Someone has to get mired
in scum and ashes,
sofa springs,
splintered glass,
and bloody rags.

 

Someone has to drag in a girder
to prop up a wall.
Someone has to glaze a window,
rehang a door.

Photogenic it’s not,
and takes years.
All the cameras have left
for another war.

 

We’ll need the bridges back,
and new railway stations.
Sleeves will go ragged
from rolling them up.

Someone, broom in hand,
still recalls the way it was.
Someone else listens
and nods with unsevered head.
But already there are those nearby
starting to mill about
who will find it dull.

 

From out of the bushes
sometimes someone still unearths
rusted-out arguments
and carries them to the garbage pile.

Those who knew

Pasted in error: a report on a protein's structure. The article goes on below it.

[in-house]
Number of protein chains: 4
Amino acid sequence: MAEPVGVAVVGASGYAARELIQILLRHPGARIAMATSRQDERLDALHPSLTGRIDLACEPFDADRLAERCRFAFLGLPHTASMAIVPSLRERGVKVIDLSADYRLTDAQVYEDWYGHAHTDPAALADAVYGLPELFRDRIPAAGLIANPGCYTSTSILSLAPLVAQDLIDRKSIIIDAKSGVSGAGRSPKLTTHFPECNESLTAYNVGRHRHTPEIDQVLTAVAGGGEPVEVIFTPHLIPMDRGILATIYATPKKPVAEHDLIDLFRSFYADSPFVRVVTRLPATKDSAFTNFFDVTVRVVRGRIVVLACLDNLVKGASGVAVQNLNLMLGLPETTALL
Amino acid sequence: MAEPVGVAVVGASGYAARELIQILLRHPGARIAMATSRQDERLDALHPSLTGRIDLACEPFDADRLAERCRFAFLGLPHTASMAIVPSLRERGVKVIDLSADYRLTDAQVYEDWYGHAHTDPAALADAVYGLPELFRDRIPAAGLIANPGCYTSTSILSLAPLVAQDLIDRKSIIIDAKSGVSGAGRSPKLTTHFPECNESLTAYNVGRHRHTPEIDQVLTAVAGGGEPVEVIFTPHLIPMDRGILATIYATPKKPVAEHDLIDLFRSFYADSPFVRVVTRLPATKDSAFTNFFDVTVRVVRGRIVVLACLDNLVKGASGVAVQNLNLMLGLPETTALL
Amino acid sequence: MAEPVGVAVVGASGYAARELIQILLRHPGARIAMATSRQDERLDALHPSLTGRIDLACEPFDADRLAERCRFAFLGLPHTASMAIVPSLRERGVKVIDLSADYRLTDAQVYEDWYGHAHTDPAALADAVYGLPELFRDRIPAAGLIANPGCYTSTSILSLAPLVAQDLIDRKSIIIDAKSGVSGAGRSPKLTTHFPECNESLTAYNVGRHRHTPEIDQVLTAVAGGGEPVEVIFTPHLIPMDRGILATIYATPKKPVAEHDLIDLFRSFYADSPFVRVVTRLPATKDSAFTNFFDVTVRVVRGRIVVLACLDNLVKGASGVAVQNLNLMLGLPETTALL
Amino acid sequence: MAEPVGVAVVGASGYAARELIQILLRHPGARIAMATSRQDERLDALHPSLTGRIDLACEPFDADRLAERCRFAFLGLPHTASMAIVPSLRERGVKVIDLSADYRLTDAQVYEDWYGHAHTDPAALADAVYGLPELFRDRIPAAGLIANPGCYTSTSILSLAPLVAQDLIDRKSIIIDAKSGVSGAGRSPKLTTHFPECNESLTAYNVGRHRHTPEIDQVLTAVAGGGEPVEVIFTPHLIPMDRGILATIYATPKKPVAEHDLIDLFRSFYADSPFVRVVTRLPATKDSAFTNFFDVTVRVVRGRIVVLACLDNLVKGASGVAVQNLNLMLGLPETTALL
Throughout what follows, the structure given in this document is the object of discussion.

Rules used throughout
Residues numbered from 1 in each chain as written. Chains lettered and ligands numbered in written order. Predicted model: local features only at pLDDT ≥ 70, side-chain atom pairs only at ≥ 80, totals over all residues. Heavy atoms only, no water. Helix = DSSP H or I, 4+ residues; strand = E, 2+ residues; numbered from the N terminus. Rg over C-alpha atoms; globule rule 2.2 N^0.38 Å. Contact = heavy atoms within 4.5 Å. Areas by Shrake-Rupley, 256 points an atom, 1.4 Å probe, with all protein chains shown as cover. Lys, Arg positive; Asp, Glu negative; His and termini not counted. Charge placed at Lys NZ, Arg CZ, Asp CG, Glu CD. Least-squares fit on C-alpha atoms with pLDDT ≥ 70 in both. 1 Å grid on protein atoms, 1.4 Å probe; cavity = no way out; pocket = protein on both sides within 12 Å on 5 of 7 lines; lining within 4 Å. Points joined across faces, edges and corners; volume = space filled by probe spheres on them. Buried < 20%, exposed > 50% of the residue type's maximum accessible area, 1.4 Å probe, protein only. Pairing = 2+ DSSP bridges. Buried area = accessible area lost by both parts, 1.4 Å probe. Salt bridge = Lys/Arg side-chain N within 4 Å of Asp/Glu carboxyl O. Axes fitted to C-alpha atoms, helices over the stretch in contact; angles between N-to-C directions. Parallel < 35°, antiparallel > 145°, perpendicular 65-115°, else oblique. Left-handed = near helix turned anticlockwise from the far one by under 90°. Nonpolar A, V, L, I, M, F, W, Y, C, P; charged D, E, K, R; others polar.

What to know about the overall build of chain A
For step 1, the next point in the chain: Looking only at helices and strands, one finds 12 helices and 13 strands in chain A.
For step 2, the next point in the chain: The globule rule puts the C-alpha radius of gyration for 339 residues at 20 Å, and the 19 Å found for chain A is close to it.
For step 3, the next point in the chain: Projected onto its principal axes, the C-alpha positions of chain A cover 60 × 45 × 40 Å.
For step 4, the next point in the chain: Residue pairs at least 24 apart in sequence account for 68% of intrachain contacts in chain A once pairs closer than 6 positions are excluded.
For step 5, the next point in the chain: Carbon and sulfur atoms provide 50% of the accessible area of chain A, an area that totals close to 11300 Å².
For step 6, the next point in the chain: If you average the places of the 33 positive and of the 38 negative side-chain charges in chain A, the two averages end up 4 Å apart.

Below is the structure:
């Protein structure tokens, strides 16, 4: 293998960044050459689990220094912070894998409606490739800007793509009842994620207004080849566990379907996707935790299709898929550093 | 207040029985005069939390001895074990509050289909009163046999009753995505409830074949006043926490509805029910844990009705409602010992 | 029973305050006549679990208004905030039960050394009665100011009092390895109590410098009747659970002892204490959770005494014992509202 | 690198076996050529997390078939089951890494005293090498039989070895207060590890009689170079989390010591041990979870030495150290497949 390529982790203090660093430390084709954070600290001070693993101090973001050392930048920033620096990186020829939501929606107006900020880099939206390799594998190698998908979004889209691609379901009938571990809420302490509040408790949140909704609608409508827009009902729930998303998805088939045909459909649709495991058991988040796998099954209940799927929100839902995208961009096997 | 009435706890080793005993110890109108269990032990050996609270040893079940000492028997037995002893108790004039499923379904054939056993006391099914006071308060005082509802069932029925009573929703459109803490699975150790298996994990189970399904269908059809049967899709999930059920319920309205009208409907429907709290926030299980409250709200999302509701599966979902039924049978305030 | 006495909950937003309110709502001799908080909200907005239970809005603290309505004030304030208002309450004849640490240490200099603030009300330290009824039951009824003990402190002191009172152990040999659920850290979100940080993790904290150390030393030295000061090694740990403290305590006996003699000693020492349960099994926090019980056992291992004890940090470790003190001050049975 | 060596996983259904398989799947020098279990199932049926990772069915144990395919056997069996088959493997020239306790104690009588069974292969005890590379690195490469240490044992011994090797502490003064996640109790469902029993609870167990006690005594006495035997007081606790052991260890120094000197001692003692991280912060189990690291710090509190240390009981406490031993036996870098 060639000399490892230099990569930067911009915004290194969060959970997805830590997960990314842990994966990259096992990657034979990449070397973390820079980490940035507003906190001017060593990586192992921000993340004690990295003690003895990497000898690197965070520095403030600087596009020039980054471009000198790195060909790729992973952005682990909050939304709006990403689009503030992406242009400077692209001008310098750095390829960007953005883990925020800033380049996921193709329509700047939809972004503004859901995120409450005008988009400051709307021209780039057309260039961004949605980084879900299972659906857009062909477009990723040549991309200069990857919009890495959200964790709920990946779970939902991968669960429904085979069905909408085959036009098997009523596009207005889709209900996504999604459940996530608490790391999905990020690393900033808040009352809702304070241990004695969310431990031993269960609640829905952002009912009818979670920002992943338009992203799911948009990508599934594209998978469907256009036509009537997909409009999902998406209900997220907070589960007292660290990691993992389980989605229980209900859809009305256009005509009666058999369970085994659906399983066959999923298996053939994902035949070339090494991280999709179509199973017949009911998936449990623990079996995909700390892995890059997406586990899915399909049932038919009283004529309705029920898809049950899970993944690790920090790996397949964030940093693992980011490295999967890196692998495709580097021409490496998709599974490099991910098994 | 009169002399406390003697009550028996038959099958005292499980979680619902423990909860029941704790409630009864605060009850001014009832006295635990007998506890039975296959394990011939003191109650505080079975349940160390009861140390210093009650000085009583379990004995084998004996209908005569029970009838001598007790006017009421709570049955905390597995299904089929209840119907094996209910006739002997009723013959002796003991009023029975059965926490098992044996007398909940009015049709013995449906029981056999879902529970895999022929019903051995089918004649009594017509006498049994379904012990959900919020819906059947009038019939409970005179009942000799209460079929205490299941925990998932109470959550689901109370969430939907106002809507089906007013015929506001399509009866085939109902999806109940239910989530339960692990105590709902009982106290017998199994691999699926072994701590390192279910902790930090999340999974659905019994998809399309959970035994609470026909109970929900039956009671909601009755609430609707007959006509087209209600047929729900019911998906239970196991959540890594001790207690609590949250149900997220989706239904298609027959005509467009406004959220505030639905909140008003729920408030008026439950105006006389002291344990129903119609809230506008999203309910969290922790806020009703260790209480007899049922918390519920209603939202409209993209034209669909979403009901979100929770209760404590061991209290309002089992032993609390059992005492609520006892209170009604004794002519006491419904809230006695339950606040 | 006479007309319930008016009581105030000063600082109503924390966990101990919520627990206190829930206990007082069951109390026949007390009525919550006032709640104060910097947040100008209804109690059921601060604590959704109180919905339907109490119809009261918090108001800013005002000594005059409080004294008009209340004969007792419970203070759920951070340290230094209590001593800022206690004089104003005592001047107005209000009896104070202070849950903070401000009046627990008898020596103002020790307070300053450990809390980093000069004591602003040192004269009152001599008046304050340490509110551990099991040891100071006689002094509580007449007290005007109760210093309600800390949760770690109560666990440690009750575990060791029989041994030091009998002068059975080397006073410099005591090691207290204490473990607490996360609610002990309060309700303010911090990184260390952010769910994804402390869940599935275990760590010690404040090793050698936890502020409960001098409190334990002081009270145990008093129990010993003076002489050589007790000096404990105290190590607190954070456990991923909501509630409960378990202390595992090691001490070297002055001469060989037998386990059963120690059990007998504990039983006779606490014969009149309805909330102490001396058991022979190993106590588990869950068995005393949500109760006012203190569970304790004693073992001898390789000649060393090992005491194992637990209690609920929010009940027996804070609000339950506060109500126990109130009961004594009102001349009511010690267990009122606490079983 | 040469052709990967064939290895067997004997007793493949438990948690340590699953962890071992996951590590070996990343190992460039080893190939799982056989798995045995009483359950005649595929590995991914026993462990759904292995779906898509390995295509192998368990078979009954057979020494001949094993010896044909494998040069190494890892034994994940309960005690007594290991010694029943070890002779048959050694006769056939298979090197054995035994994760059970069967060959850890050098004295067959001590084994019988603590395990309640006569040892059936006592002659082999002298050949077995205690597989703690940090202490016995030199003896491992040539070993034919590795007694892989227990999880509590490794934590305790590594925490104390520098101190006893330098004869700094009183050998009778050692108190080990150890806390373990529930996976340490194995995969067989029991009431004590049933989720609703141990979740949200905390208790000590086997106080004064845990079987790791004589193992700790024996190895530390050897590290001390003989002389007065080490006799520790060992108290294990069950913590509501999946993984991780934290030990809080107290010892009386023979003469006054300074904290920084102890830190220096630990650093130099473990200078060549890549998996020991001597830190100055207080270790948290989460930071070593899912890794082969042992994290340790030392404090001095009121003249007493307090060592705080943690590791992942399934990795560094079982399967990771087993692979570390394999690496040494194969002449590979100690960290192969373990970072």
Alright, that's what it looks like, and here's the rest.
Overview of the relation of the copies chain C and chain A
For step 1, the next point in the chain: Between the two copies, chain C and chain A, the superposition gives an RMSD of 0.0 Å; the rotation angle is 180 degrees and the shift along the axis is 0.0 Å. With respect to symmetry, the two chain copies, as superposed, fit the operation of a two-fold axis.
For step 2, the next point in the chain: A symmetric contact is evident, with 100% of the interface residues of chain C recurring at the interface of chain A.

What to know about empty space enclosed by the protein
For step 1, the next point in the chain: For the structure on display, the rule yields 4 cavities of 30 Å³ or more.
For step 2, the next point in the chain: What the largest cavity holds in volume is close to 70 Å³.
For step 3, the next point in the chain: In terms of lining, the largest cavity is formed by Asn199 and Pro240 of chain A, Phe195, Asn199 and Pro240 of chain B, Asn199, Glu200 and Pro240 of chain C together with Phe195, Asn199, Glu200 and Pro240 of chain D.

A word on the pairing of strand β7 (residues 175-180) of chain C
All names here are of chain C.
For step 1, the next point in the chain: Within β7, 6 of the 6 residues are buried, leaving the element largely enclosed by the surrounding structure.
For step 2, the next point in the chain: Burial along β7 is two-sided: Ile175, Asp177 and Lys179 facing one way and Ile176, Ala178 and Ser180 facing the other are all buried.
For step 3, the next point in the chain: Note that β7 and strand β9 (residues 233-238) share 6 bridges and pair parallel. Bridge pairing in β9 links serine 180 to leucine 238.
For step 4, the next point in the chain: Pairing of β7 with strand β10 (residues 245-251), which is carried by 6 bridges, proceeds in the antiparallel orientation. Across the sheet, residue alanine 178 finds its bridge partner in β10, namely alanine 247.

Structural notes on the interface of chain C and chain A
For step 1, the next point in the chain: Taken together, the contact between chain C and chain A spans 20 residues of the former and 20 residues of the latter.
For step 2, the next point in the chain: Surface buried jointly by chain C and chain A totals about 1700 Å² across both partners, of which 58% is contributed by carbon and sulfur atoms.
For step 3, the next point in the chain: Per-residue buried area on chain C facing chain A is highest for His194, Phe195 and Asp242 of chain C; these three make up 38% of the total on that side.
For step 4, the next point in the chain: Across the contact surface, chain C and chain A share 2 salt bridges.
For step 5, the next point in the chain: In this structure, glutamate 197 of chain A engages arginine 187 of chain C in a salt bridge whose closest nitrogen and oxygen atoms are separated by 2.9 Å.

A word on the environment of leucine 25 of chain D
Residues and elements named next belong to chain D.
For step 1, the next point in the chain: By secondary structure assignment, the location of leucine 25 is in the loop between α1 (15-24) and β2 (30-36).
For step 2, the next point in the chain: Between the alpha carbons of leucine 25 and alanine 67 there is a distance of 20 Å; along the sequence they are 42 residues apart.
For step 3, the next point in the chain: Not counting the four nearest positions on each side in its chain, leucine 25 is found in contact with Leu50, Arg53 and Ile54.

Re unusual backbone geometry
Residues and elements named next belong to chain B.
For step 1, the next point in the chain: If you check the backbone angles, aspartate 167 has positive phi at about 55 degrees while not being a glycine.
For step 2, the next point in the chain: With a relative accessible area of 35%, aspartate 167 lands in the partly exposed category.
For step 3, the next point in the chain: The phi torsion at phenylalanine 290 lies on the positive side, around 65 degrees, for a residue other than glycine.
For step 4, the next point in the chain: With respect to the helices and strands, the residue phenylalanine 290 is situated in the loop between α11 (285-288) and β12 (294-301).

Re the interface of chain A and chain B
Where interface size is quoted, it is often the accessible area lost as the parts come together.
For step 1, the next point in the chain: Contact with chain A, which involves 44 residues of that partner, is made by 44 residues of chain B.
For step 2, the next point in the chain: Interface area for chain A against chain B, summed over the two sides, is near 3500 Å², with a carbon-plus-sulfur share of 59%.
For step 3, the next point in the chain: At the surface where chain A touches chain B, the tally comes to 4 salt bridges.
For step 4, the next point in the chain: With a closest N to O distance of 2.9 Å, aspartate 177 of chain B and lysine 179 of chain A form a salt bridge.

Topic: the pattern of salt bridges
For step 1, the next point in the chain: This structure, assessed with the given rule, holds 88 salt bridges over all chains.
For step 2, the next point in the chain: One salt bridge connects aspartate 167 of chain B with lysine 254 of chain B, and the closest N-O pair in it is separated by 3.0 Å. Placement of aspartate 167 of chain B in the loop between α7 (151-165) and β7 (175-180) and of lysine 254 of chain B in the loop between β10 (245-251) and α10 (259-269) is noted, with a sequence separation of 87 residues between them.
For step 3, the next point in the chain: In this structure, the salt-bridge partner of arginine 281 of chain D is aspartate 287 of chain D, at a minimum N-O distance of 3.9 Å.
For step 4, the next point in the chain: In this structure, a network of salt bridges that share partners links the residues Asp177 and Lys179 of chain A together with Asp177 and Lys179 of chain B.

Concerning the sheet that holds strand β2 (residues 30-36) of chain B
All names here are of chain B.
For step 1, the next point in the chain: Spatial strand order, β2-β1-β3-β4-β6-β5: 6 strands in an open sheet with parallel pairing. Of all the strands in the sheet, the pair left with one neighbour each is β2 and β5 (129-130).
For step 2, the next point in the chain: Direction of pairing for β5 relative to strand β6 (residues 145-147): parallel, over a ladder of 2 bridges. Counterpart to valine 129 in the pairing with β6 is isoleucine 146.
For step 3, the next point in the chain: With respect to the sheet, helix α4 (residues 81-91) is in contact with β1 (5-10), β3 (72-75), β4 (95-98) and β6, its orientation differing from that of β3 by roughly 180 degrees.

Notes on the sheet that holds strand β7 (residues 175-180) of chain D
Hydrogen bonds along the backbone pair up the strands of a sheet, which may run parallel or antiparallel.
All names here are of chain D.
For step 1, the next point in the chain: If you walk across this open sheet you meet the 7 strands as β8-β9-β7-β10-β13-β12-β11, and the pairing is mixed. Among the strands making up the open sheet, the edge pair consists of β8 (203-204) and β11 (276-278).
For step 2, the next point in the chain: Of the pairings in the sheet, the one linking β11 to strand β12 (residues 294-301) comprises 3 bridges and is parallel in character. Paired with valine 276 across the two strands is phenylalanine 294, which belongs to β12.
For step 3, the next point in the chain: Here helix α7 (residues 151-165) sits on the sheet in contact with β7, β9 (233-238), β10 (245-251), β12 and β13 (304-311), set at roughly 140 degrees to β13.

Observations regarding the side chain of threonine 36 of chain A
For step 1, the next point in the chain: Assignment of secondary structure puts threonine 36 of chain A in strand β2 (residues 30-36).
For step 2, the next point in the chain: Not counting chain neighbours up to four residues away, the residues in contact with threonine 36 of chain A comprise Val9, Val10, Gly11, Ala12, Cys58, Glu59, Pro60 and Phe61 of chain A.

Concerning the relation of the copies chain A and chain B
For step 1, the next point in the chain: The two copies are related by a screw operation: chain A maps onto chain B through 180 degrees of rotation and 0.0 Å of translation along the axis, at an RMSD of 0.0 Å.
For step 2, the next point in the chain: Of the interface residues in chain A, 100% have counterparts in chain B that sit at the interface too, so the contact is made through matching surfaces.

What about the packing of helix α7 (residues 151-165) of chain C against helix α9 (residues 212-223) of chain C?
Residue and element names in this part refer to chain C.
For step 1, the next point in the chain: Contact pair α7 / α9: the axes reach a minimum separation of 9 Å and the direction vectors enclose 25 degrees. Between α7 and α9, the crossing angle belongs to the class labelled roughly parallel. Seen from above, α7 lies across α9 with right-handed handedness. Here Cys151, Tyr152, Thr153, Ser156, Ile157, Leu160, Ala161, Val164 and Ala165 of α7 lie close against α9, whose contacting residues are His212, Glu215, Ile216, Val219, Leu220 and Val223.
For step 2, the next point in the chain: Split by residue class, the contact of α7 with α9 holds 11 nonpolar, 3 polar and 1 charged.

what was going on here
must make way for
those who know little.
And less than little.
And finally as little as nothing.

 

In the grass that has overgrown
causes and effects,
someone must be stretched out
blade of grass in his mouth
gazing at the clouds.

Why would....

(#307902)
Bernard Guerrero's picture

...100 casualties a month be so very unsustainable?  Assuming the money holds out, I don't see why they couldn't keep up that pace forever.

Without the ISAF umbrella?

(#307904)
mmghosh's picture

The problem seems to be that the Afghan New Model Army is being trained to be a modern technological Army.

No, they really aren't, Mmghosh

(#307907)

First, a lot of these guys are tough, but too many are illiterate. This makes it difficult to do stuff that western armies were doing competently 150 years ago. Indirect fire for example needs an observer, a means to communicate to a firing platform, a firing platform and a common reference for what the observer needs to tell the platform what to shoot at. Any of that is missing and the howitzer et al becomes an oversized grenade launcher. We're in the realm of rudimentary warfare here, not advanced western technology.